Iris Reading - Part 2
What Is Productivity for Students?

What Is Productivity for Students? (9 Ways to Increase It)

To be able to hit all your targets, everyone needs to be productive. It is a measure of the efforts you make towards accomplishing your goals. For students, productivity refers to their efforts and ability to perform efficiently in their studies. This involves how well they manage their time, their ability to prioritize, and their […]

Productivity is the relationship between the quality or quantity of an output (the goods or services one offers) and the input (materials, time, etc.) to create it. It is how you increase your output by working efficiently within a specific time. In organizational psychology, human performance and resources equate to organizational productivity. It implies that how you perform with the given resources can either improve or decrease the team's overall productivity. To improve organizational productivity, employers ensure that employees engage in productive behaviors. Examples of productive behaviors are minimizing distractions, setting priorities, doing one task at a time, managing time well, being creative and innovative, and collaborating with teammates. Knowing and internalizing productive behaviors is essential for you, whether you are a full-time or part-time worker, self-employed, or a business owner. Practicing productive behaviors can increase your job performance and boost your morale and job satisfaction. It can also open doors for promotions and more opportunities. Tag along as we explain productive behaviors, their patterns, and some examples. Ready? Let's get started! How to define productive behavior? Productive behavior refers to employee behavior that helps achieve an organization's goals and objectives. You can define and measure productive behaviors through performance metrics, such as quality of work, output, and other performance or work standards. The behaviors that increase the performance measures are productive, while behaviors that decrease the measures are counterproductive. However, defining productive behavior through performance metrics or assessment requires the company to set a performance standard. A performance standard is a basis for differentiating productive from counterproductive behaviors. It helps assess productive behaviors accurately. It also allows a company to understand and see the impact of these behaviors on the employee's job performance and the overall company's performance and productivity. Additionally, there are three most common forms of productive behaviors. These are job performance, Organizational Citizenship Behavior, and innovation. Job performance refers to the employee behaviors at work that contribute to organizational goals. The company formally evaluates these behaviors as part of employees' duties and responsibilities. Organizational Citizenship Behavior (OCB) are employee behaviors that are not part of their job description and are not formally evaluated and rewarded. These are voluntary actions that enhance the team's and company's effectiveness. Meanwhile, there is no standard definition of innovation. However, this productive behavior is executed by employees when they come up with novel ideas and concepts that help the company reach its goals. The most recognizable form of innovation is the new products and services that a company launches. Is productivity a behavioral pattern? Yes, you can develop behavioral patterns that can lead to productivity. A behavioral pattern is a recurrent way to act toward an object in a given situation. It can also be a recurrence of responses that happens in a prescribed order or arrangement. Another definition is that it is a chain of behaviors that links the simpler and smaller segments of behavior. The behavioral pattern comes from your strengths and weaknesses, habits, and the reactions you learned from your experiences. Since you can develop behavioral patterns through reward and punishment and through mental training, you can change or modify your behavior however you want. In other words, you can develop behavioral patterns that make you more productive at work. Examples of productive behaviors Here are some examples of productive behaviors you can learn to develop: 1. Minimizing distractions Minimizing distractions is one of the most common productive behaviors. It can increase your focus on work, prevent cutting your workflow, and disrupt your concentration. As a result, you become more productive at work. A few things you can do to minimize distractions are putting your phone into "Silent" or "Do Not Disturb" mode during work hours and informing your workmates onsite or family members when you are working from home that you want to focus on your task. 2. Setting up priorities Setting up your priorities can help you identify the tasks and arrange them by their level of importance and urgency. This way, you will not be overwhelmed by your workload. You can be calm and focused on the things that matter. Creating a to-do list is the most common way of tracking and prioritizing your task assignments. You can also have a planner to give you an overview of your deadlines, meetings, and other appointments. To-do lists and planners can help you prevent forgetting your duties, assignments, and appointments. Unfortunately, there are times when we are overwhelmed by the bulk of the workload and forget to write down essential matters related to your work. And not all have a sharp memory to remember every detail in your day. If you are bothered by your lack of memory, you can take an online course on improving one's memory to increase work productivity. 3. Doing one task at a time Monotasking or doing one task at a time is a more productive behavior than multitasking because it helps you focus, improves your concentration, increases your efficiency, and optimizes your productivity. You can effectively monotask by setting a concrete goal and allocating time to accomplish it. The switching of attention back and forth between two tasks lowers your efficiency because it disrupts concentration, makes you forget details, and makes you commit more mistakes in your work. So, avoid multitasking; monotask instead. To effectively monotask, set a concrete goal of what task you want to finish and how much time is allotted for a specific task. Setting a time limit for each work and taking breaks in-between will make you complete more jobs than expected. 4. Managing time well Managing your time well is a productive behavior as well as an essential life skill. When you learn to manage your time well, you can sort out and prioritize your tasks, lessen your stress, enhance your focus, and improve your efficiency. Since you are in control of your time, you will be able to work smoothly and accomplish more. You will not be stressed from rushing time-sensitive tasks. You can start managing your time by creating a to-do list, using your planner, saying no to the things you cannot or do not have time to do, and delegating tasks when necessary. 5. Being creative and innovative Creativity and innovation may seem to contrast productivity because productivity is structured, planned, and measured. However, these two can actually boost productivity and even contribute to the company's growth. Creativity provides space for innovative thinking and experimentation that drives big ideas and strategic planning for potential solutions to existing problems. Innovation, on the other hand, gives an avenue for developing and applying ideas to improve the efficiency of producing goods or offering services. You can execute creative and innovative thinking when you actively participate in brainstorming sessions, ideation workshops, and the making of action plans. 6. Collaborating well with teammates Although not everyone is comfortable working with others, collaboration with workmates is necessary for the workplace. Teamwork can improve problem-solving, lead to innovation, better communication, and boost efficiency. You can start working with your teammates by communicating openly and clearly, participating in team-building activities, being open-minded, and learning to accept each other's strengths and weaknesses. Conclusion Being productive is not a one-time thing that will happen to you. It is a skill that you need to learn throughout your life continuously. You can develop or modify your behavior to be more productive in your workplace. We have presented some productive behaviors with tips on how you can start practicing and applying them to your life. It may take a while to really acquire the presented productive behaviors, but be patient because it will take time. If you want a more efficient and thorough lesson about improving your productivity, you can try the Personal Productivity course from Iris Reading. The productivity course offers more than 30 instructional materials, lifetime access to learning materials, free webinars about productivity, and a certificate of completion that certifies improvements in your productivity level. Enroll in the Personal Productivity course now!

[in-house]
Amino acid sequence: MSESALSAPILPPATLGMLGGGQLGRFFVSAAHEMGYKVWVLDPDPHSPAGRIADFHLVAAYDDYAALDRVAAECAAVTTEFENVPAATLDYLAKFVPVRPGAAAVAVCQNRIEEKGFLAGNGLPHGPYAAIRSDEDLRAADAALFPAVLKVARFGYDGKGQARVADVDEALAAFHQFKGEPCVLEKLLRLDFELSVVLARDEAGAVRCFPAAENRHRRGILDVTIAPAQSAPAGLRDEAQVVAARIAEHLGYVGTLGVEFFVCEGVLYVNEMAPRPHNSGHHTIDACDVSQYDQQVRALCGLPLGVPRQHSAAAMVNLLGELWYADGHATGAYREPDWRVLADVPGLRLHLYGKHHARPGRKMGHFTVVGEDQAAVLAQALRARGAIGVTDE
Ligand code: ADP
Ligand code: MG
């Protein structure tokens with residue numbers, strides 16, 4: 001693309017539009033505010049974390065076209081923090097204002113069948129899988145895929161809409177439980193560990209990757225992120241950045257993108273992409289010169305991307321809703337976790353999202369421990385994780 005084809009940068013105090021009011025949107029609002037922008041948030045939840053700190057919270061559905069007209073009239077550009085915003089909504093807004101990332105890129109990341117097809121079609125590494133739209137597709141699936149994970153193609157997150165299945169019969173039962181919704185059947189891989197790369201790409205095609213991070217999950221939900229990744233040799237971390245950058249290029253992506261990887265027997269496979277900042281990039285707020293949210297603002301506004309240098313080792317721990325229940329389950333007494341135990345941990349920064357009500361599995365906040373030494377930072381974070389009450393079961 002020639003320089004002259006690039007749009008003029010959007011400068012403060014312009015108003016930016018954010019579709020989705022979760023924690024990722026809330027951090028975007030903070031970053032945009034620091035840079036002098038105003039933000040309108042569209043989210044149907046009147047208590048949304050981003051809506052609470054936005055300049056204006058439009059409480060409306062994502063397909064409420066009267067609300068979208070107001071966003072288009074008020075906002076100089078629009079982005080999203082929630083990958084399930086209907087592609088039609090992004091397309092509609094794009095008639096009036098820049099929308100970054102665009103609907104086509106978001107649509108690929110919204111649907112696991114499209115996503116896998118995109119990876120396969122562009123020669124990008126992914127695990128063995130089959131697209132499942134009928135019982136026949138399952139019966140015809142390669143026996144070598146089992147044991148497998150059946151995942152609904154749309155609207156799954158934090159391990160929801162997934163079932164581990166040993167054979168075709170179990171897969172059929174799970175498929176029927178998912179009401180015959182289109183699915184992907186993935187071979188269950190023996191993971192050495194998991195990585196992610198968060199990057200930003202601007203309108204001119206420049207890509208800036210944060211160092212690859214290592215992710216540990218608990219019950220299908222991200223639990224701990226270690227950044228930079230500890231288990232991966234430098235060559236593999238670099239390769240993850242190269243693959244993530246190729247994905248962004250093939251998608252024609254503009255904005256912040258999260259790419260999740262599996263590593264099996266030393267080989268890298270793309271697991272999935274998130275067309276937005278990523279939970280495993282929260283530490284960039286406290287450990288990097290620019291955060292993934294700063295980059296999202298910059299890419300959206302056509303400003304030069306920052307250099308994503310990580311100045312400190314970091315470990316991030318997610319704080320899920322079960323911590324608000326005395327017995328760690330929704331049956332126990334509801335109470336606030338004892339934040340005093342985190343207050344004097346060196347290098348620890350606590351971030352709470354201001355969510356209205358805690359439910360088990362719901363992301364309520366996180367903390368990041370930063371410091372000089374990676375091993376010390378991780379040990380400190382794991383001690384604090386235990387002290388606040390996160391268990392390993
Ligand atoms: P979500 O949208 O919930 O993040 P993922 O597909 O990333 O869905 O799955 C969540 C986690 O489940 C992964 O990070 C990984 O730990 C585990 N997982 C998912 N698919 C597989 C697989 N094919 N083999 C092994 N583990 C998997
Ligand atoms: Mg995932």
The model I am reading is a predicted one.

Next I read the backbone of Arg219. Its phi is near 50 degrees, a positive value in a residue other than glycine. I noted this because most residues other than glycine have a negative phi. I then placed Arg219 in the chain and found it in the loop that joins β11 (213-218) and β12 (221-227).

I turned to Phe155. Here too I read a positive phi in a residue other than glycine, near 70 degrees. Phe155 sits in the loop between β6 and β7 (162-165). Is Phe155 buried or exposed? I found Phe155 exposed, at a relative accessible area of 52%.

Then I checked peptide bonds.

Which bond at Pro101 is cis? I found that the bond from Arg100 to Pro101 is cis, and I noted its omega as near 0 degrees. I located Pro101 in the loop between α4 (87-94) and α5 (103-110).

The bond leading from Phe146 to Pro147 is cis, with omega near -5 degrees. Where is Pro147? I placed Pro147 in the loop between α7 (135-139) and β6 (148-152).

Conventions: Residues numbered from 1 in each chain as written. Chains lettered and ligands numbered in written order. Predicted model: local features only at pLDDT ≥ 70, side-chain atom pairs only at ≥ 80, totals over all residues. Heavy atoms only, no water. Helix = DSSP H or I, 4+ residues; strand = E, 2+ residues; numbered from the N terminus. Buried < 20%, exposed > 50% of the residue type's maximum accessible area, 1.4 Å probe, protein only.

Is Productivity a Behavior? (5-Minute Read)

Productivity is the relationship between the quality or quantity of an output (the goods or services one offers) and the input (materials, time, etc.) to create it. It is how you increase your output by working efficiently within a specific time. In organizational psychology, human performance and resources equate to organizational productivity. It implies that […]

Is Productivity Important? (7 Reasons Why You Should Aim to Improve It)

Productivity, for many reasons, is vital in our day-to-day lives. We should then aim to improve it to get more work done efficiently, improve overall time management, and produce excellence in a work setting. We will discuss more reasons in today’s blog as we explore and appropriately define productivity and the two types of productivity. […]

10 Management Tips to Become More Productive

10 Management Tips to Become More Productive (Explained for Beginners)

Productivity is the measure of efficiency and the effectiveness of a person’s time at work, school, and in life. Working professionals who produce more than they consume are considered productive in their workplace, while a student who can learn quickly and produce high-quality work is considered productive in their school curriculum. The management techniques you […]